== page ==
Through out the negotiations for the Foxconn plant now supposedly destined for Mount Pleasant in Racine County…one of the leading causes of consternation among Wisconsin environmentalists has been the removal of wetland protections from the agreement between the State of Wisconsin and Foxconn. I have mentioned it here and here.

But the state of Wisconsin isn’t satisfied with destroying wetlands via a huge plant and $3 billion of state tax payers contributions…let’s finish neutering the Wisconsin Department of Natural Resources and let just everyone toss around wetlands willy nilly.

In 2001, Republican and Democratic lawmakers in Wisconsin rushed into action after a U.S. Supreme Court ruling and became the first state in the nation to approve protections for a class of land known as isolated wetlands.

They include thousands of acres of potholes, woodland depressions and other parcels that do not connect to interstate waterways.

Now, a bill being circulated by Republican lawmakers who control the Legislature would undo the law by taking away the authority of the Department of Natural Resources to assess the ecological impact of such land before it could be developed.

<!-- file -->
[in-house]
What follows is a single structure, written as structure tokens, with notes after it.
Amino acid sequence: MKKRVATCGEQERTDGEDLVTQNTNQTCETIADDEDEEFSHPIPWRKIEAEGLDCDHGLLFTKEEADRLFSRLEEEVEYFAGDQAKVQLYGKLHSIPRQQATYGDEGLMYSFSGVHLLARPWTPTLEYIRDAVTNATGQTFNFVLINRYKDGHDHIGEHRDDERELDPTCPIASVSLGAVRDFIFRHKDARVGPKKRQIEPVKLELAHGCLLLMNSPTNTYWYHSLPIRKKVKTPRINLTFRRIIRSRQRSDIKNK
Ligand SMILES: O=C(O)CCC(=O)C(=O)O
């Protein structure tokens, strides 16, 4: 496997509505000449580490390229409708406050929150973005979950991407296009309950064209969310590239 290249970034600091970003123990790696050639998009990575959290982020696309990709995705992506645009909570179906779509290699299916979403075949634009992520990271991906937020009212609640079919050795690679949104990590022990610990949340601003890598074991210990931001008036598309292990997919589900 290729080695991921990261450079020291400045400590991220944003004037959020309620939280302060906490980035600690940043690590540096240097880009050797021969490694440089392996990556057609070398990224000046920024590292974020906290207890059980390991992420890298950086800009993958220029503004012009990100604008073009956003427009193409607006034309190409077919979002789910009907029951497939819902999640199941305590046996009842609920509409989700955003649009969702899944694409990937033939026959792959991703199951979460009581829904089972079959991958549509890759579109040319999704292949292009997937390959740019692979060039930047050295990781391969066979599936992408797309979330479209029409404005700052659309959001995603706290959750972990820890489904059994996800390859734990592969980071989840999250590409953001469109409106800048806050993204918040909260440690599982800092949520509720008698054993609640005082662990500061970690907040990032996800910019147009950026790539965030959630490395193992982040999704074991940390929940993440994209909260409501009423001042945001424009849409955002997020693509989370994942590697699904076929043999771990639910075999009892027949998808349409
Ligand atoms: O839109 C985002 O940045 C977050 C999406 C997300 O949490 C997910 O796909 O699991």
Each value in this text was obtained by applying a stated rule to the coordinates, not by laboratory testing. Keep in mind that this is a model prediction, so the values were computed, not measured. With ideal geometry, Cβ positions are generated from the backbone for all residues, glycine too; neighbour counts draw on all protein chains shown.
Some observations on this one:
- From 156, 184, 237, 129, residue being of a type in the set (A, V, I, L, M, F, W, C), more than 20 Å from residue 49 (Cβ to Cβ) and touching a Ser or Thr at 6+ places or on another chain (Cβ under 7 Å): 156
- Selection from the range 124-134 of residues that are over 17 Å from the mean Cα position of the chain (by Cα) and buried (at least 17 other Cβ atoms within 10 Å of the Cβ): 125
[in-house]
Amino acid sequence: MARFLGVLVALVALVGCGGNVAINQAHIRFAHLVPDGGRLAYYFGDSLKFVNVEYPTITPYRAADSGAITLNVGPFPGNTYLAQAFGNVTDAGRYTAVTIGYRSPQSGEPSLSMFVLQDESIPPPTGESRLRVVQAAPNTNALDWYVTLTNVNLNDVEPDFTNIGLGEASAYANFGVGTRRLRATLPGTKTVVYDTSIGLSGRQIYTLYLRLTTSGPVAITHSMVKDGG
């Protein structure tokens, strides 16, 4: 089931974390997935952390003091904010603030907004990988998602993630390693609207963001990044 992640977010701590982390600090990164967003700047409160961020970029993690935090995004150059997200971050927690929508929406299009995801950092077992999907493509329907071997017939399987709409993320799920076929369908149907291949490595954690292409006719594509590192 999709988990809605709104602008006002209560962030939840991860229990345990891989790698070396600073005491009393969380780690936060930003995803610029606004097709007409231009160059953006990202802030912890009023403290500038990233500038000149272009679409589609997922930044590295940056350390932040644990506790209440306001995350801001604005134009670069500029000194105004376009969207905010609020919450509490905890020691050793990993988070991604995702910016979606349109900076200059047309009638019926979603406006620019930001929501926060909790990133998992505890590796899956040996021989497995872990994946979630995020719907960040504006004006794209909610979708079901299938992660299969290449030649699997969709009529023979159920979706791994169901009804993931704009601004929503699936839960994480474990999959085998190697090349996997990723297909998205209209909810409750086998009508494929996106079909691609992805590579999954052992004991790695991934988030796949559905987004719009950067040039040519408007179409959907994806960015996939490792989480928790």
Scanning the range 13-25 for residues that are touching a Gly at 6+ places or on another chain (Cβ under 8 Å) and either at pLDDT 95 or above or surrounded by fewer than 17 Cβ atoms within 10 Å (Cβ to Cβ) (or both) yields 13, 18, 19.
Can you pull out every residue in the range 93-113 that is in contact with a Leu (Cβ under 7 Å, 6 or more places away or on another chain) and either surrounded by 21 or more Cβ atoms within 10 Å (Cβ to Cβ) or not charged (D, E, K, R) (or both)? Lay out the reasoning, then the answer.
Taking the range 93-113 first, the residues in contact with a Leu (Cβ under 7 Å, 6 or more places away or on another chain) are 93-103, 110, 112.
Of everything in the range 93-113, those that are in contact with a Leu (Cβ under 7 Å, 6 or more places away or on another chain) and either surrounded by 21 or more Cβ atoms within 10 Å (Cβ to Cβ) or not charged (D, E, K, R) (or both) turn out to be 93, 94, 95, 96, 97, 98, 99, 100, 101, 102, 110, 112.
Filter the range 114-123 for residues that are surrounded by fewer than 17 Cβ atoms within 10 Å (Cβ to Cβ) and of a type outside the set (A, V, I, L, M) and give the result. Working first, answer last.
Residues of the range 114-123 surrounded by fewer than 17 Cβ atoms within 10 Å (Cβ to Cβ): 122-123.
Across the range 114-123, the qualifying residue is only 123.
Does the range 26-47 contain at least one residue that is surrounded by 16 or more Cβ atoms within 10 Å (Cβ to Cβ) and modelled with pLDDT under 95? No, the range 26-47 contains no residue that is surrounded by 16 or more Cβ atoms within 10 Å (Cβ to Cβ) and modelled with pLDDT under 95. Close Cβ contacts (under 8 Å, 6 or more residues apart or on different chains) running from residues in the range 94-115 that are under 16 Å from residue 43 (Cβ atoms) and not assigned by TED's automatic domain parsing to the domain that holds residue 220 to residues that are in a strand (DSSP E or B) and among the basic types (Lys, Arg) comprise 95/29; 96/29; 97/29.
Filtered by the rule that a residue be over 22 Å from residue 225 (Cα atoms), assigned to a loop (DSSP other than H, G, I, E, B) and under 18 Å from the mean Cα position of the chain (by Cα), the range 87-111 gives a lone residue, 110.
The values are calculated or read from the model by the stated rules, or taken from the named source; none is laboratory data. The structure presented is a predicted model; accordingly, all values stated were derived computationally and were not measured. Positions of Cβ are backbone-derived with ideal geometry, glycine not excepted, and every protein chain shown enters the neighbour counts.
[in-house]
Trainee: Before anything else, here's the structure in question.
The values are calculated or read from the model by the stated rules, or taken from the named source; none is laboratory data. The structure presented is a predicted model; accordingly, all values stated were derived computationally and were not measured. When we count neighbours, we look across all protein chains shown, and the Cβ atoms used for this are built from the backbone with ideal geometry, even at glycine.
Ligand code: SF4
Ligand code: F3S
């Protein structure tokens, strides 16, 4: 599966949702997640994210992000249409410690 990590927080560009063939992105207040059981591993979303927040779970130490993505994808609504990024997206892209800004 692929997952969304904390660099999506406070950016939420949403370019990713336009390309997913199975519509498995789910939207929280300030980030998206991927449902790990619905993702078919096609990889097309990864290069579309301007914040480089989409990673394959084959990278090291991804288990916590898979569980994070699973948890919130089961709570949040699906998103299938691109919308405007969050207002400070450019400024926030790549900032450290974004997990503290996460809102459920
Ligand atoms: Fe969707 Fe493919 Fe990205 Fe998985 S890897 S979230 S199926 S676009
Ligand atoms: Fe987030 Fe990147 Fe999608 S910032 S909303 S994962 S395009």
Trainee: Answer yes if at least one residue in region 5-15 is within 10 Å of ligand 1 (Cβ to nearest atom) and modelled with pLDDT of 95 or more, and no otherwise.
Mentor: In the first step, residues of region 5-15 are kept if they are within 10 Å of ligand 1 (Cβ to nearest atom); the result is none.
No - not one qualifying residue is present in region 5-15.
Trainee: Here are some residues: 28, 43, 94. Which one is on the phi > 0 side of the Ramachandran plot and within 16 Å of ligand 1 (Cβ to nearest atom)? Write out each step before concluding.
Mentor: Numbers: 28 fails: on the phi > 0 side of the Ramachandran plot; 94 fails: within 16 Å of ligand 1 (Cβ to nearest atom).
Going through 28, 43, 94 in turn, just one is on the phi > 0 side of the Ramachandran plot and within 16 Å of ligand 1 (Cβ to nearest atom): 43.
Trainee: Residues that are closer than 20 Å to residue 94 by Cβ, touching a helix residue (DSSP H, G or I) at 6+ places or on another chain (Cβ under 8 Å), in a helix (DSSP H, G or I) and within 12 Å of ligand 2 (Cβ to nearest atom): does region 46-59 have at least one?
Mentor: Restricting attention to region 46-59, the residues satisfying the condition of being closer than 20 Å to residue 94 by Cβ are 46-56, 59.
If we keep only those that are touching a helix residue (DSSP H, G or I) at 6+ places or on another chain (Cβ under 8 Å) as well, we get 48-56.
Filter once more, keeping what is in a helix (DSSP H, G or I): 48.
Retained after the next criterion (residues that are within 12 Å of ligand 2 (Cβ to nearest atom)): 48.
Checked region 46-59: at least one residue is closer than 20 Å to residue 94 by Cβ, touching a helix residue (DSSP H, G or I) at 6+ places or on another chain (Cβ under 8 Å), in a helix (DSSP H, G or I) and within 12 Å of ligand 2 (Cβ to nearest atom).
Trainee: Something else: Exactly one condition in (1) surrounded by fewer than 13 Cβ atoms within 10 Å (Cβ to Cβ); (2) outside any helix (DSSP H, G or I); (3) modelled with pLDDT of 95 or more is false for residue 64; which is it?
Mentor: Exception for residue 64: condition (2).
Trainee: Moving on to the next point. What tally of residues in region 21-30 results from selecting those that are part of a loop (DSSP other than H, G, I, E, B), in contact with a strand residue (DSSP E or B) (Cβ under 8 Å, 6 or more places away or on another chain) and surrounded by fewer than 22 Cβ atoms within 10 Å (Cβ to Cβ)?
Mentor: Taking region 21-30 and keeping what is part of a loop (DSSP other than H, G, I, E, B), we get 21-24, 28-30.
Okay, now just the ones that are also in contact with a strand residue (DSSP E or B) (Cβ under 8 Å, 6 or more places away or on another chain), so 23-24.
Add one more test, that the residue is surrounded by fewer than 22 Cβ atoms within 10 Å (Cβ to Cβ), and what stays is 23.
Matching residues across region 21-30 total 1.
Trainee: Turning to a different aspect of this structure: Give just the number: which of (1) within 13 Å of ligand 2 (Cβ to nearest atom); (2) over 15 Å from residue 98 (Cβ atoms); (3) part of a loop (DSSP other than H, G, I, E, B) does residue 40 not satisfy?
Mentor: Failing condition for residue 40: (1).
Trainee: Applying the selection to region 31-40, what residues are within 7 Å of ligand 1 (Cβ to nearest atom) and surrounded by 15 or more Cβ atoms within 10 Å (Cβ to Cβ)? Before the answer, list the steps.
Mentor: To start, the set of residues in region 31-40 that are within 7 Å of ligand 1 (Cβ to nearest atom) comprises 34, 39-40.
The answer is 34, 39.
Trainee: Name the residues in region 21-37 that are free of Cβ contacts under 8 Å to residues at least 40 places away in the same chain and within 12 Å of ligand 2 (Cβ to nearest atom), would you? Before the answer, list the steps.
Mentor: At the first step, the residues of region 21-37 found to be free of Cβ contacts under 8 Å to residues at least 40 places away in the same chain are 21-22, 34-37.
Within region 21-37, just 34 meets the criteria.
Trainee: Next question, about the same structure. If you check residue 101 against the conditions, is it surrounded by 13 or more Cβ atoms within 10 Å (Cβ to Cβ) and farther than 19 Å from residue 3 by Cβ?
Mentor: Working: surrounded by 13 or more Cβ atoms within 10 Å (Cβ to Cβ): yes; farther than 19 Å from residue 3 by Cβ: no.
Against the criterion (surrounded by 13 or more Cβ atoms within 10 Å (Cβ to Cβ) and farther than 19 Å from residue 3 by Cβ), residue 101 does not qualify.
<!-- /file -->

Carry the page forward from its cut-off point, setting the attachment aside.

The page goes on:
Supporters say that the 2001 law — passed by a Republican-controlled Assembly and a Democratic-controlled Senate — has been a roadblock for property owners and the construction industry to develop what is viewed by some as marginal land.

Yeah the bill will require those who destroy wetlands to create wetlands at another location at a ratio of 1.2 to 1. But the fact of the matter is there is a reason why wetlands are physically where they are…that’s where the water naturally wants to go. Just because you create a wetland somewhere else or even somewhere nearby doesn’t guarantee the water will want to go there.

Erin O’Brien, the wetlands association’s policy director, said the claims of those who view isolated wetlands as marginal ignore the critical functions they serve for flood control and wildlife habitat, including nesting for waterfowl.

“The bill is not about balance, but about throwing all protections out the window,” O’Brien said.

He noted Wisconsin is one of the few states that regulates isolated wetlands.

So when someone develops a wetland and a neighbor who never had water issues before…starts to have flooding or standing water or water infiltration…will the state make that neighbor whole? Will the developer of the wetlands?

And how much longer will we abide by the removal as the DNR as the protector of our state’s natural resources? Because those resources, after all, are to the benefit of all of Wisconsin.

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